House Democrats drafting resolution on anti-Semitism after fresh Omar comments
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House Democrats drafting resolution on anti-Semitism after fresh Omar comments

Unclear whether measure will specifically address latest remarks by controversial freshman lawmaker suggesting Israel supporters have dual loyalties

Ilhan Omar speaks at an election night results party in Minneapolis, Minnesota, November 6, 2018. (Stephen Maturen/Getty Images)
Ilhan Omar speaks at an election night results party in Minneapolis, Minnesota, November 6, 2018. (Stephen Maturen/Getty Images)

Democrats in the US House of Representatives will put forward a resolution Wednesday condemning anti-Semitism, in response to remarks by freshman Representative Ilhan Omar implying supporters of Israel in Congress hold allegiance to a foreign country.

The declaration, supported by Speaker Nancy Pelosi, comes after Omar’s latest comments on Israel were decried by critics as anti-Semitic.

Omar, a Minnesota Democrat, has been accused of employing anti-Semitic tropes since taking office over her criticism of Israel and the role of the Jewish state’s backers in Washington. Last month, she apologized after facing widespread bipartisan condemnation for a tweet suggesting Jewish money was behind congressional support for Israel.

Omar stirred up a fresh storm last week for saying, “I want to talk about the political influence in this country that says it is okay for people to push for allegiance to a foreign country.” She later defended her remarks when criticized by top Jewish Democrats in the House.

House Speaker Nancy Pelosi of Calif., second from left, poses during a ceremonial swearing-in with Rep. Ilhan Omar, D-Minn., second from right, on Capitol Hill in Washington, DC, January 3, 2019, during the opening session of the 116th Congress. (AP Photo/Susan Walsh)

The Anti-Defamation League demanded that House Democrats offer a resolution that makes clear every member of Congress opposes anti-Semitism.

Democrats over the weekend drafted a resolution with that message, according to a Democratic aide who spoke on condition of anonymity because the document had not been released. Its text was not final as of Monday afternoon.

Earlier Monday, ADL head Jonathan Greenblatt sent a letter to Pelosi pushing for the passage of such a resolution in the wake of Omar’s comments.

“Accusing Jews of having allegiance to a foreign government has long been a vile anti-Semitic slur that has been used to harass, marginalize, and persecute the Jewish people for centuries,” he wrote.

Jonathan A. Greenblatt, the national director of the Anti-Defamation League, speaks at the ADL Annual Meeting in Los Angeles, on November 6, 2014. (courtesy, ADL)

“Sometimes referred to as the ‘dual loyalty’ charge, it alleges that Jews should be suspected of being disloyal neighbors or citizens because their true allegiance is to their co-religionists around the world or to a secret and immoral Jewish agenda,” he added.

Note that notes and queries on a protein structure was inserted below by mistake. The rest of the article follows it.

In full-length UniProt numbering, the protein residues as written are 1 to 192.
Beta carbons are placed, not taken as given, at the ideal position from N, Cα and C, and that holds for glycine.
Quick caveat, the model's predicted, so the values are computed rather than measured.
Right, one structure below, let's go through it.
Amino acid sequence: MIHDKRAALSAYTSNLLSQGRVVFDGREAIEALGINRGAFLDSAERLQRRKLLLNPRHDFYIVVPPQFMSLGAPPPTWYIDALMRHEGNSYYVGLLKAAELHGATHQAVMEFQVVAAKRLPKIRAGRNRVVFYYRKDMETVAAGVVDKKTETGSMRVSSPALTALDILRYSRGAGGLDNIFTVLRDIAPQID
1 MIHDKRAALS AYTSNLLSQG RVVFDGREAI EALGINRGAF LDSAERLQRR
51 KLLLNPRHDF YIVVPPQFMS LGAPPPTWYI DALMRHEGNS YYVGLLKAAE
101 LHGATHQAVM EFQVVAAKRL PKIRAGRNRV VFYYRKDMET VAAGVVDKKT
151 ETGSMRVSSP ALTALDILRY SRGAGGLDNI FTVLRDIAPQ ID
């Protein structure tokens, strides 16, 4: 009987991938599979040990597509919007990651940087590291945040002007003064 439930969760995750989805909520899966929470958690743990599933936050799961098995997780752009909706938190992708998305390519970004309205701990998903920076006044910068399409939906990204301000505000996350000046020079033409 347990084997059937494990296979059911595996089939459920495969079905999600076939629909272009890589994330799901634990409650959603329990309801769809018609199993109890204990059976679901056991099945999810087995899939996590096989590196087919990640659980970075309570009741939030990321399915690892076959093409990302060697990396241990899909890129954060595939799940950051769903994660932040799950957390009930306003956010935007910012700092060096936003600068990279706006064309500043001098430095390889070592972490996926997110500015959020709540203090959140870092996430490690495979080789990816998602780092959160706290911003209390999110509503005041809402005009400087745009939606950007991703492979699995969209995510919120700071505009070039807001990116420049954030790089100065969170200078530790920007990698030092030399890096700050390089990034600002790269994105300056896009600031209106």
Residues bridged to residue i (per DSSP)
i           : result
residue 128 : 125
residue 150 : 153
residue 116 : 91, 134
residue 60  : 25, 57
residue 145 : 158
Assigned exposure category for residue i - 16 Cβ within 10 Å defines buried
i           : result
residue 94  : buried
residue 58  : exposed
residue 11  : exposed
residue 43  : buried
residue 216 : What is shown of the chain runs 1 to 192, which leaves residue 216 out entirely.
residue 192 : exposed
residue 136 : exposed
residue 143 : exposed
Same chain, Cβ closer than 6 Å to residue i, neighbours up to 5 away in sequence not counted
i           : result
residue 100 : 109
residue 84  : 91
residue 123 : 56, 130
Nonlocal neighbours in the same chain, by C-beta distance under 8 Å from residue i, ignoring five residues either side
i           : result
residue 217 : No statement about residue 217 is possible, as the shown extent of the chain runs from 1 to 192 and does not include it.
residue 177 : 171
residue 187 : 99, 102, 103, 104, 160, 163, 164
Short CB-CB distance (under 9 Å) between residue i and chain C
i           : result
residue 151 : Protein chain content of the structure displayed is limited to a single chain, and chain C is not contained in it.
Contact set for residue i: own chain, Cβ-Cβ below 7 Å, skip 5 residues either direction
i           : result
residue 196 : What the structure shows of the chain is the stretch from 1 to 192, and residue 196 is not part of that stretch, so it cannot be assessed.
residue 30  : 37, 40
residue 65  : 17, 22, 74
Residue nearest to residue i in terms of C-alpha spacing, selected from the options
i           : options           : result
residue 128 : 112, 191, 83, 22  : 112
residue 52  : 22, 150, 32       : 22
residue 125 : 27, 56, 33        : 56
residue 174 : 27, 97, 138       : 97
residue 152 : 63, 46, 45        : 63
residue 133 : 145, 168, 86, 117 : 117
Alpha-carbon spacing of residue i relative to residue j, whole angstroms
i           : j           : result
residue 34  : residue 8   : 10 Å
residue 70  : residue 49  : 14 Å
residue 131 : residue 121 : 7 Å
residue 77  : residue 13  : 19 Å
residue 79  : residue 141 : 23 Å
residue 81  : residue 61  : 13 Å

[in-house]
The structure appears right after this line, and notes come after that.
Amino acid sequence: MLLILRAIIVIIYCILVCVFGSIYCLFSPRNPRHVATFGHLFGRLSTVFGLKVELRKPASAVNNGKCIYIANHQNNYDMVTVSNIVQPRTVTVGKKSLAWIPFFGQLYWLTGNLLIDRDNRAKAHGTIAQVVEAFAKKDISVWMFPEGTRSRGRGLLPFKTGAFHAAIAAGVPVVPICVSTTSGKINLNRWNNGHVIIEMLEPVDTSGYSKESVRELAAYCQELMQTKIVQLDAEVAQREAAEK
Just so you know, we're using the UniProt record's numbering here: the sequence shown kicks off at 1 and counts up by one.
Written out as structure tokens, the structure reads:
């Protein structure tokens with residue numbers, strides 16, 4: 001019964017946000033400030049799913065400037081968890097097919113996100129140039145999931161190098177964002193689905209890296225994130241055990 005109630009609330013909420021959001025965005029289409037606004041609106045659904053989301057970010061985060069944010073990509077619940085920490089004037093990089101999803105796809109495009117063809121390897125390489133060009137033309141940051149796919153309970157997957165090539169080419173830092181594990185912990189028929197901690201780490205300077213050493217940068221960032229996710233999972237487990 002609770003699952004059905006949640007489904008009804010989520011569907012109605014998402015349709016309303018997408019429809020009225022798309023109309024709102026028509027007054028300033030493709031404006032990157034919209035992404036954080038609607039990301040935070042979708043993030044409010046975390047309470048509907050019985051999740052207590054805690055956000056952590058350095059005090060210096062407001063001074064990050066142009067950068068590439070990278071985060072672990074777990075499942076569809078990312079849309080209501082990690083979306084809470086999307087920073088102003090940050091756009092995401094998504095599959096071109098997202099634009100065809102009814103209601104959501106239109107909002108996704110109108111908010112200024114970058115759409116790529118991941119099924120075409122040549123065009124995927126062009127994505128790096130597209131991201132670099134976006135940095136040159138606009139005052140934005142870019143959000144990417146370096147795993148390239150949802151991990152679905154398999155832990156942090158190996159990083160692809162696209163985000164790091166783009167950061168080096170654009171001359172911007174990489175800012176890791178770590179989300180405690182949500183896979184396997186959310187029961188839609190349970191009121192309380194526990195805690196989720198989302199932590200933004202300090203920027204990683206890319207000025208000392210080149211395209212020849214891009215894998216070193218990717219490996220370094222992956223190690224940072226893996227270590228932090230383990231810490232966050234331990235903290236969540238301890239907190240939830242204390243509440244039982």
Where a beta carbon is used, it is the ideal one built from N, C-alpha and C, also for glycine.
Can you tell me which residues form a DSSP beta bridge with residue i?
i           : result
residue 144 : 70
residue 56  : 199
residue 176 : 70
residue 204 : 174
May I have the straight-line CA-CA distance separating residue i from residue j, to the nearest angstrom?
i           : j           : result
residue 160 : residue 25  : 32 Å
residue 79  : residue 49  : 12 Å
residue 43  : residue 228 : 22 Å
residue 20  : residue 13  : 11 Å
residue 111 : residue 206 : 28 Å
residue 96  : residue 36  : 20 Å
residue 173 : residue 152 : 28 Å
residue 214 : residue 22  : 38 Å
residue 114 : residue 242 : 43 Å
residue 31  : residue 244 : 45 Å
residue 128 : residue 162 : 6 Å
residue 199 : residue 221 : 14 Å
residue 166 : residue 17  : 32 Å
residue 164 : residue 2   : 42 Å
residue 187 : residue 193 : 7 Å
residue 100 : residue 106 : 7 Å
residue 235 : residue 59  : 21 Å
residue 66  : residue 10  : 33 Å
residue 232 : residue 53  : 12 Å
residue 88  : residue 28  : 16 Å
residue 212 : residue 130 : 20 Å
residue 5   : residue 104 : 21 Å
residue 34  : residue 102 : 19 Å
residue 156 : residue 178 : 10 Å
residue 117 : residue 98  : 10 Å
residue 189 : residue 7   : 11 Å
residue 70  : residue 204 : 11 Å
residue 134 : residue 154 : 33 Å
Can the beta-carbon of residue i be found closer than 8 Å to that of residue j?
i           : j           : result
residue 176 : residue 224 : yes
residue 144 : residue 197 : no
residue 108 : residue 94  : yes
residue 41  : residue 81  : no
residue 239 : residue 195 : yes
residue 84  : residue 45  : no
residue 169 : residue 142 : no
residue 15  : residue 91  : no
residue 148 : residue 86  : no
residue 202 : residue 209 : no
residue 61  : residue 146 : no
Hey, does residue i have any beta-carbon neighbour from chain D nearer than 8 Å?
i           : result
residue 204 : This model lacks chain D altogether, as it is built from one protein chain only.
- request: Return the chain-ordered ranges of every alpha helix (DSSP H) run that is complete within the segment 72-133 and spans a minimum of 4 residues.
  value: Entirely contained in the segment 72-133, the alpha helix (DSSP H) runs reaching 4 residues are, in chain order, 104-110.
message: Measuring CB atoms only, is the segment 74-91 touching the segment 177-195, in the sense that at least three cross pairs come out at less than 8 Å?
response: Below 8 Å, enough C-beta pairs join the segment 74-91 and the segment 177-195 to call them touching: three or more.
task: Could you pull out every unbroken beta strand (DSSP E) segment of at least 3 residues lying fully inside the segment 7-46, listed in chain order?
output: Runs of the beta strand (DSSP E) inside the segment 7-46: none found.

Greenblatt noted that Omar, who is Muslim, had herself recently been the subject of a smear linking her to the 9/11 attacks, but stressed “that offense cannot excuse or rationalize anti-Semitism.”

“If anything, it should remind someone how hurtful such hateful stereotypes can be,” he said.

He also warned in his letter against what he said was the use of anti-Semitism by both parties for political gain and urged congressional leaders to reject “such cynical ploys.”

Greenblatt’s letter came after a number of prominent Democratic lawmakers called out Omar over her latest remarks, among them Democratic Representative Nita Lowey of New York, the chairwoman of the US House of Representatives powerful Appropriations Committee.

“Anti-Semitic tropes that accuse Jews of dual loyalty are equally painful and must also be roundly condemned,” Lowey tweeted Sunday. “I am saddened that Rep. Omar continues to mischaracterize support for Israel. I urge her to retract this statement and engage in further dialogue with the Jewish community on why these comments are so hurtful.”

Eliot Engel of New York, the chairman of the Foreign Affairs Committee, where Omar has a seat; Jerry Nadler of New York, the chairman of the Judiciary Committee; and Max Rose of New York, a freshman like Omar, all fired back in statements to Jewish Insider.

Representative Ilhan Omar votes for Nancy Pelosi to be speaker of the House of Representatives on the first day of the 116th Congress, at the Capitol in Washington, January 3, 2019. To the left of Omar is Representative Debbie Wasserman Schultz of Florida. (AP Photo/J. Scott Applewhite)

On Friday, Engel called on Omar to apologize for her “vile anti-Semitic slur.”

Responding to Lowey, Omar doubled down. “Our democracy is built on debate, Congresswoman! I should not be expected to have allegiance/pledge support to a foreign country in order to serve my country in Congress or serve on committee.”

Lowey responded in kind. “No member of Congress is asked to swear allegiance to another country,” she said. “Throughout history, Jews have been accused of dual loyalty, leading to discrimination and violence, which is why these accusations are so hurtful.”

Representative Debbie Wasserman Schultz of Florida, a former Democratic Party chairwoman, also weighed in: “Dialogue leads to understanding. @IlhanMN, repeated misunderstandings would seem to require dialogue to avoid repetitive harm.”

In previous incidents, for which Omar apologized, she suggested that Israel had “hypnotized” the world and that the pro-Israel lobbying had bought its influence on Capitol Hill. Her supporters say she is merely criticizing Israel and that her comments are being taken out of context in order to discredit her.

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